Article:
Media Studies Quotes

Quotes tagged as "media-studies" Showing 1-17 of 17
Henry Jenkins
“Fandom, after all, is born of a balance between fascination and frustration: if media content didn't fascinate us, there would be no desire to engage with it; but if it didn't frustrate us on some level, there would be no drive to rewrite or remake it.”
Henry Jenkins, Convergence Culture: Where Old and New Media Collide

Marshall McLuhan
“It is just when people are all engaged in snooping on themselves and one another that they become anesthetized to the whole process. Tranquilizers and anesthetics, private and corporate, become the largest business in the world just as the world is attempting to maximize every form of alert. Sound-light shows, as new cliché, are in effect mergers, retrievers of the tribal condition. It is a state that has already overtaken private enterprise, as individual businesses form into massive conglomerates. As information itself becomes the largest business in the world, data banks know more about individual people than the people do themselves. The more the data banks record about each one of us, the less we exist.”
Marshall McLuhan, From Cliche To Archetype

Devin C. Griffiths
“For all the talk about the merging of film and video game, and for all its inevitability, perhaps the secret of true convergence lies not in an external reality , but in an internal truth: What kids seek from video games is what we all seek from our own distractions--be they movies, radio, comic books, literature, or art: an escape from the mundane to the sublime, where our imaginations make of us heroes, lovers, warriors, and gods.”
Devin C. Griffiths, Virtual Ascendance: Video Games and the Remaking of Reality

Norbert Wiener
“It is the thesis of this book that society can only be understood through a study of the messages and the communication facilities which belong to it; and that in the future development of these messages and communication facilities, messages between man and machines, between machines and man, and between machine and machine, are destined to play an ever-increasing part.”
Norbert Wiener

Aysha Taryam
“Say what you wish about media in the Arab world, but say it knowing that no media channel in the world is absolutely free.”
Aysha Taryam

Ignassen Mather
“Treat your mind like a museum, not a warehouse”
Ignassen Mather , The 30 Day Media Diet

Henry Jenkins
“Critical pessimists, such as media critics Mark Crispin Miller, Noam Chomsky, and Robert McChesney, focus primarily on the obstacles to achieving a more democratic society. In the process, they often exaggerate the power of big media in order to frighten readers into taking action. I don't disagree with their concern about media concentration, but the way they frame the debate is self-defeating insofar as it disempowers consumers even as it seeks to mobilize them. Far too much media reform rhetoric rests on melodramatic discourse about victimization and vulnerability, seduction and manipulation, "propaganda machines" and "weapons of mass deception". Again and again, this version of the media reform movement has ignored the complexity of the public's relationship to popular culture and sided with those opposed to a more diverse and participatory culture. The politics of critical utopianism is founded on a notion of empowerment; the politics of critical pessimism on a politics of victimization. One focuses on what we are doing with media, and the other on what media is doing to us. As with previous revolutions, the media reform movement is gaining momentum at a time when people are starting to feel more empowered, not when they are at their weakest.”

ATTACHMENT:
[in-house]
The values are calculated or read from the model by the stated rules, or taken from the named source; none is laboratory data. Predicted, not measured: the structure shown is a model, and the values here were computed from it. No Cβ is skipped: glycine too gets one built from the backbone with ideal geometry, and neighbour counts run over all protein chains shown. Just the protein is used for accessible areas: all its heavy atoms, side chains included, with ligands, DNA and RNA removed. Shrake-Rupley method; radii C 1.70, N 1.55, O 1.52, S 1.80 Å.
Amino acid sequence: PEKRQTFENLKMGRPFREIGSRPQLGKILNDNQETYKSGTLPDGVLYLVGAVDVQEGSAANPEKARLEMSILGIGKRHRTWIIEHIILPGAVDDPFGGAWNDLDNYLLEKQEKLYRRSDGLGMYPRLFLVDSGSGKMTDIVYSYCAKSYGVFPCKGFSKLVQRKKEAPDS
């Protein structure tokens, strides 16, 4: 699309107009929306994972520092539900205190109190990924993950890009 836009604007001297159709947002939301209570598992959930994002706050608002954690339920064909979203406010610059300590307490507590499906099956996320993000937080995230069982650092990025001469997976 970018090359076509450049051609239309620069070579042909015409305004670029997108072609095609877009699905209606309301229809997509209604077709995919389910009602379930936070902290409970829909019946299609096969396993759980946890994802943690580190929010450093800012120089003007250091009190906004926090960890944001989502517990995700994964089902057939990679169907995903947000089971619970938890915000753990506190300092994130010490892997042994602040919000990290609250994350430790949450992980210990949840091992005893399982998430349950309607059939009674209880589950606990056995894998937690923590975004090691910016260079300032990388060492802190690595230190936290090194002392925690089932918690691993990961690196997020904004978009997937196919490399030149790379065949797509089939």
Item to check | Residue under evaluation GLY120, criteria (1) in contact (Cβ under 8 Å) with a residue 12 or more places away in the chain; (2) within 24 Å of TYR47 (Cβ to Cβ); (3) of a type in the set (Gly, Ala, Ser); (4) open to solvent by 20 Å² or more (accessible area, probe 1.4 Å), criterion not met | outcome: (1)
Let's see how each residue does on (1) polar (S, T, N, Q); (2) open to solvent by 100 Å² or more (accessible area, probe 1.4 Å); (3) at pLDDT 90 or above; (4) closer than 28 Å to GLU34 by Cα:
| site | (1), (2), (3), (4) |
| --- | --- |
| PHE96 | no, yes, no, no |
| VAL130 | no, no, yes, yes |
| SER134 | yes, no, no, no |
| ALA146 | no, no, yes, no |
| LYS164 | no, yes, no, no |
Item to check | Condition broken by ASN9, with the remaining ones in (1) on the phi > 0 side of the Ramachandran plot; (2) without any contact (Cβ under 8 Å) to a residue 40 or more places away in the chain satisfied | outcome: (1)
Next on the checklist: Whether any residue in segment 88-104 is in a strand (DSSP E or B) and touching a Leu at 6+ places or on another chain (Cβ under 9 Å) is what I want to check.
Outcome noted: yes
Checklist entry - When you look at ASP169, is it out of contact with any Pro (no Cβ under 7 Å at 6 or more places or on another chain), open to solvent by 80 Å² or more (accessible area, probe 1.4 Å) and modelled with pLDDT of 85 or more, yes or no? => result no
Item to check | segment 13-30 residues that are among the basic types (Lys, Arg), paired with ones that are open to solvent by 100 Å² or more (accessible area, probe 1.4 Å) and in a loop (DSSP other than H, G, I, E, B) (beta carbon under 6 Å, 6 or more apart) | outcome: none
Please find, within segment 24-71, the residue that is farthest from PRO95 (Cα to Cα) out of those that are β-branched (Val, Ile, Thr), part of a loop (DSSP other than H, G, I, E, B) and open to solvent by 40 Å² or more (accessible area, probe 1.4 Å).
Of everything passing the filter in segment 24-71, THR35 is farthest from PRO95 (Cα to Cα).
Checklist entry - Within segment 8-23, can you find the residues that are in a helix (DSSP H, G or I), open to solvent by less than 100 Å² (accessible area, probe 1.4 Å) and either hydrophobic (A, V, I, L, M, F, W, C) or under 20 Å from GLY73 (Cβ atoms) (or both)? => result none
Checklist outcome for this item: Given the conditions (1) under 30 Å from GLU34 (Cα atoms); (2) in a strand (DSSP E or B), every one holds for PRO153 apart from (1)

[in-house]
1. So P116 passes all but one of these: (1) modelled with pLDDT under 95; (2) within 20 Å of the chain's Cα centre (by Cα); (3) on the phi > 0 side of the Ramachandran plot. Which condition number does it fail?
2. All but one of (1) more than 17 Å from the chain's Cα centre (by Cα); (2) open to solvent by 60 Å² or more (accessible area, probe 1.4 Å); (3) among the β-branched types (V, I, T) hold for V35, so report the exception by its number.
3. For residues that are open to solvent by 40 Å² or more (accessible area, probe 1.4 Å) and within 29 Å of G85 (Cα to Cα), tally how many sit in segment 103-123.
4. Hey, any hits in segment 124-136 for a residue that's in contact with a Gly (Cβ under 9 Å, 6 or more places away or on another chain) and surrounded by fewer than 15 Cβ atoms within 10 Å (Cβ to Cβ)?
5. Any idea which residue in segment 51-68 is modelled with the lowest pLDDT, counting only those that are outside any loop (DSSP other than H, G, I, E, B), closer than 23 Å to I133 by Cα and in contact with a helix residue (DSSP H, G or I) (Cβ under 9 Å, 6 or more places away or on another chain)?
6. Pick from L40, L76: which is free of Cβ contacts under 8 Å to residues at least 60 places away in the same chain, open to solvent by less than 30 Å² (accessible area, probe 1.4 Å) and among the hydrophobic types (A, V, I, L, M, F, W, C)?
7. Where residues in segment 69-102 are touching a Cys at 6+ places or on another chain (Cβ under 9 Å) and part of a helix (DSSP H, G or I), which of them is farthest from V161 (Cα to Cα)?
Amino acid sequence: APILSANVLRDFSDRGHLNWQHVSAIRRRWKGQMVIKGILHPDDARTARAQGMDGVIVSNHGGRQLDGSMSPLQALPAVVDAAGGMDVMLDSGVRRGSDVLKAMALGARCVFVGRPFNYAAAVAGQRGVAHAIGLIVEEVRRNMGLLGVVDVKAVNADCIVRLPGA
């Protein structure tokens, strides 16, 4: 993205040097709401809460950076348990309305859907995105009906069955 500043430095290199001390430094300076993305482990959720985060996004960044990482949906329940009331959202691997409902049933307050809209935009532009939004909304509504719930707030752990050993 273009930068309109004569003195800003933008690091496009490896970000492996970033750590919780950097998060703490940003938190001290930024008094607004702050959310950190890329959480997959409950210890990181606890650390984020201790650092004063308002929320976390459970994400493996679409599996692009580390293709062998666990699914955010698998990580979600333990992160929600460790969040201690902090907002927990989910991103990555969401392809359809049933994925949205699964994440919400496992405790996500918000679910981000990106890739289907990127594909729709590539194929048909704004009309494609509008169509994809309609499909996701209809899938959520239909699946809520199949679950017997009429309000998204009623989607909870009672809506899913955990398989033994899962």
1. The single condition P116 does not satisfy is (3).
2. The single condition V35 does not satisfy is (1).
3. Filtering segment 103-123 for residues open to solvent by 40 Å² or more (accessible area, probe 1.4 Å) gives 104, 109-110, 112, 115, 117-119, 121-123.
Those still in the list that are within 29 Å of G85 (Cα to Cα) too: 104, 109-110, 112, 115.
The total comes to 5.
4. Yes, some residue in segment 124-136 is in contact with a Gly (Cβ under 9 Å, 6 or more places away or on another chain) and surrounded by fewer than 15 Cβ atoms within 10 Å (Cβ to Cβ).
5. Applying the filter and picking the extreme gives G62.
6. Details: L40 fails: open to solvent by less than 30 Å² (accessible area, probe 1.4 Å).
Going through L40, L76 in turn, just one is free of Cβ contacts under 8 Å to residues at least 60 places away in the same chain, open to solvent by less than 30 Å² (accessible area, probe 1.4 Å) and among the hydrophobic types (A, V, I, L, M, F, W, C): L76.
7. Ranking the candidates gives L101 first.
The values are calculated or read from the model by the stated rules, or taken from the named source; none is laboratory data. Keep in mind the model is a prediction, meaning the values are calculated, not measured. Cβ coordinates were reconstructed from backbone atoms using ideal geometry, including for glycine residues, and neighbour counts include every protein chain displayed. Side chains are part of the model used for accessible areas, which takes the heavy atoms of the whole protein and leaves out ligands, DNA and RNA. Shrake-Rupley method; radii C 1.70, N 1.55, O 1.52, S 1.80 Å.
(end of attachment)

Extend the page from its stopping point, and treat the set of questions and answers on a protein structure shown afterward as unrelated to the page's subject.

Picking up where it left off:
Henry Jenkins, Convergence Culture: Where Old and New Media Collide

Marshall McLuhan
“Students of media are persistently attacked as evaders, idly concentrating on means or processes rather than on 'substance'. The dramatic and rapid changes of 'substance' elude these accusers. Survival is not possible if one approaches his environment, the social drama, with a fixed, unchangeable point of view - the witless repetitive response to the unperceived.”
Marshall McLuhan

Devin C. Griffiths
“If you're too young to remember the Time Before Pong, then you probably can't appreciate the momentousness of its arrival. Bear in mind the game emerged in a very different world. It was a time before home computers, cable television, cell phones, game consoles, the Internet--everything we take for granted today. For many of my formative years, we still watched TV in black and white, and had to get up to change the channel. This was the technological Dark Ages. Had we been less culturally enlightened, we would have denounced Pong as witchcraft and burned its inventors at the stake. For those of us who were there--who had never played, let alone seen, a video game--we knew we were witnessing something extraordinary, a groundbreaking achievement in home entertainment. However, none of us knew that we were participating in the birth of a revolution.”